Let the record clearly state, I’m not one to willingly pick up what I deem a romance novel. Two main reasons-
- Being the hopeless romantic that I am, and having been let down, it makes me upset. I’m upset that the days of chivalry are finished, and the hopes of it being restored are faltering.
- Whenever I do open myself up to reading a romance novel, it leaves me completely wrecked. I made that mistake reading “Me Before You” and then decided it was a phenomenal idea to watch the movie. . .terrible idea really.
While there is absolutely nothing wrong with romance novels, they do have the potential to make readers feel emotions that may not surface too much- essentially, I feel as though a romance novel done right has the power to just make us “feel” again. “Melody’s Key” hit all the feels for me. It was entirely [too] easy to relate to, and the pace of the book kept you going.
To be honest, I’m not sure which I enjoyed more; reading the book, or reading over Dallas’ answers to my interview questions. It’s bad enough he had me nerding out over “Melody’s Key”, but when I read through his answers, I knew I found a fellow nerd. Without making you read my ramblings any longer, I hope you enjoy getting to know Dallas Coryell. And if anyone has any further questions, please feel free to post a question!
What inspired you to write “Melody’s Key“?
Ever since I can remember, I’ve been quite a romantic person; even back to my kindergarten days where I dared to kiss my crush’s cheek while eating snacks on the number circle. However, several years ago I had just emerged from a particularly grueling period in my personal life that made me doubt the existence of love. Part of the process of rebuilding my heart involved the decision to not let the romantic piece of my heart stay dead. Thus, Melody’s Key became my resurrection project. Writing the story where two broken people learn to love again, despite their fear of letting someone close, was extremely therapeutic for me. It put me back in touch with all the things I thought were permanently gone, and gave me a picture of hope for the future. My sincere wish is for others to read the book and find hope that their soul-mate is out there.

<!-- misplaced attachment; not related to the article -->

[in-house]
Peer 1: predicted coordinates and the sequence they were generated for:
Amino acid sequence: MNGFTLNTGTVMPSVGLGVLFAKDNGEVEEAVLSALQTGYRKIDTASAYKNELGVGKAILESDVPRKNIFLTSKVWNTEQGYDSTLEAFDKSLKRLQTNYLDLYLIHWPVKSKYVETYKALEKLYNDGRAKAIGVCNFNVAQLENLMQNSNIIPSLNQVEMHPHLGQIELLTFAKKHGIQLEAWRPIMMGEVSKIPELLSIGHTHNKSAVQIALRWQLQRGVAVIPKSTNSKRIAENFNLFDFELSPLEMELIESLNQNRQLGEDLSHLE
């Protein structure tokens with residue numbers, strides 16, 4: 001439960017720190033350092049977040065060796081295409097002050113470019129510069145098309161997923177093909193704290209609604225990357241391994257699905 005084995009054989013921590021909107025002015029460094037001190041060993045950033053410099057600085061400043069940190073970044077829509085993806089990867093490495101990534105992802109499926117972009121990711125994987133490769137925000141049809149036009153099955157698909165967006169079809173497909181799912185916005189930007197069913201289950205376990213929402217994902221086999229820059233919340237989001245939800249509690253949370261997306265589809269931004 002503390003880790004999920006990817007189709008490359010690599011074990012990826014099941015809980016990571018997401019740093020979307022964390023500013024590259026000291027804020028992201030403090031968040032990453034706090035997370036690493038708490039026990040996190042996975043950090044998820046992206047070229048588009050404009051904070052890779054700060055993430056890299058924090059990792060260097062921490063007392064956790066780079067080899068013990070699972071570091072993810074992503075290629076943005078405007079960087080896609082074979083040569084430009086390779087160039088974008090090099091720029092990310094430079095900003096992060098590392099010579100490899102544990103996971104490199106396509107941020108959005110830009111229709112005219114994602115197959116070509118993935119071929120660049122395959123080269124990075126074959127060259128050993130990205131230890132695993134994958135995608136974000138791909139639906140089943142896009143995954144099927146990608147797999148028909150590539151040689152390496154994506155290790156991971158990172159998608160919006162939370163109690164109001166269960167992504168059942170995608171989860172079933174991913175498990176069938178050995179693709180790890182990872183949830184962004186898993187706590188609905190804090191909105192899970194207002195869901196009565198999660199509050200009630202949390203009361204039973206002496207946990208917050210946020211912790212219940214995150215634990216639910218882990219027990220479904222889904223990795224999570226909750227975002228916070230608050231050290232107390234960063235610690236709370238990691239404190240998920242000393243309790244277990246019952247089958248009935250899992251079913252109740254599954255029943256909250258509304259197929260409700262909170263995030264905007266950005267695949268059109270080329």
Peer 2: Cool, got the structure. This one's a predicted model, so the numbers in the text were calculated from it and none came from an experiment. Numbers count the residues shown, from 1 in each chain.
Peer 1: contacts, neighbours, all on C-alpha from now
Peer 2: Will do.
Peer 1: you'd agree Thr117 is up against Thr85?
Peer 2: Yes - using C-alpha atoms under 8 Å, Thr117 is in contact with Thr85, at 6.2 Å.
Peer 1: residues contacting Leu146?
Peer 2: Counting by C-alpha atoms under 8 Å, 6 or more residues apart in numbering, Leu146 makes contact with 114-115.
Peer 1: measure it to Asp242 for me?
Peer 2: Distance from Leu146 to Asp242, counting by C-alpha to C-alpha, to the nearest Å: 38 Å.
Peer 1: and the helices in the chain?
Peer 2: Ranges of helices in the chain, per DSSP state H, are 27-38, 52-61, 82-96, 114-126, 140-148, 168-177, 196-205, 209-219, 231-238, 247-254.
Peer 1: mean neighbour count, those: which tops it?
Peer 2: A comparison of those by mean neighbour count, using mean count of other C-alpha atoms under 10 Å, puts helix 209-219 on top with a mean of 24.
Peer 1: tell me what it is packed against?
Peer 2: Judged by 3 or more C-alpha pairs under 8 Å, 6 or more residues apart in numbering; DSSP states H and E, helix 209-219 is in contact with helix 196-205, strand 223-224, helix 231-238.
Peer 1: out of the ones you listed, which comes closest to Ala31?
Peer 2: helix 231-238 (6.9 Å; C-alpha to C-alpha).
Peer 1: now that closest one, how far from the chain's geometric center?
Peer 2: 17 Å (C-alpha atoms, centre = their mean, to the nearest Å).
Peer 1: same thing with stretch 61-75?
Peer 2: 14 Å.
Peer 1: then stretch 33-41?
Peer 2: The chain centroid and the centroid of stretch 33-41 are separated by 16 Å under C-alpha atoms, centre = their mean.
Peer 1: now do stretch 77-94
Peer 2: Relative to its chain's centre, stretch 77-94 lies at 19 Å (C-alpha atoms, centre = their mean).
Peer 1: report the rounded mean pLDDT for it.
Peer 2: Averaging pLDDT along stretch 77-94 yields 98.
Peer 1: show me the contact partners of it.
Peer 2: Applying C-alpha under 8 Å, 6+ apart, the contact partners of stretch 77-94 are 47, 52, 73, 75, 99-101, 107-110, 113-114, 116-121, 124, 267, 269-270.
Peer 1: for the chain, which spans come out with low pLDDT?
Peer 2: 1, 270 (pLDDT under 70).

Does your book contain personal experiences?
It does! Although the plot is almost completely anecdotal, there are many life and love lessons I included that were derived from my own experience. Some of the witty (read: NERDY) dialogue are actual things I’ve said to girls, so when people say guys would never talk like that I just laugh, because yes…the nerdy ones who think they’re funnier than they are certainly DO talk like that. Well, at least one does anyway. More important to the central themes of the book are the two concepts of hope as a decision and loving someone for who they are, imperfections and all, without expecting them to be someone they’re not. These are two of the most important concepts I’ve learned in my life.
Hope, or rather a picture of something better in the future, is at the center of happiness and motivation in humans IMO. The funny thing about hope is that it doesn’t take evidence or proof, just a decision. It cannot be taken away from you unless you allow it. This is so key because it converts you from a victim of your circumstances and past, into the person with the power to shape your future. This realization is what brings Tegan out of the darkness of her past; she decides to stop letting the past victimize her over and over, and chooses to believe there are beautiful things in the world worth risking your heart for.
Yes and No. To create Tegan’s character I spent a ton of time interviewing female friends and family about their thoughts, opinions, emotions, etc. As a male author it was extremely important to me that Tegan have an authentically feminine voice, and not simply one I made up from scratch–which would likely have come across as hollow or rote. To my surprise and pleasure I found that each woman was beautifully and maddeningly unique, each dealing with life’s challenges a bit differently. So I kind of cobbled them together, added a touch of my celebrity crush, and Tegan’s character was born. She is not a real person per se, but her heart beats with the voices of many real women who have dealt with the same issues she was working through in the book.
Could you tell readers about any upcoming projects?
Dallas Coryell. . . you are not alone on May 2nd! In fact, depending on Ms. Maas’ book tour schedule, I will be headed out to one of the locations to get my book signed. . .anyone else planning on going?!
Next time you are contemplating your next read, do me a favor. Instead of going for that predictable Nicholas Sparks book [and let’s face it, I KNOW you’ve already seen the movie!] pick up an unknown author trying to make their mark. Mr. Coryell, you did not disappoint. And even though you didn’t delve into any details about upcoming projects, they sound promising, and you can absolutely count on me for a review at anytime.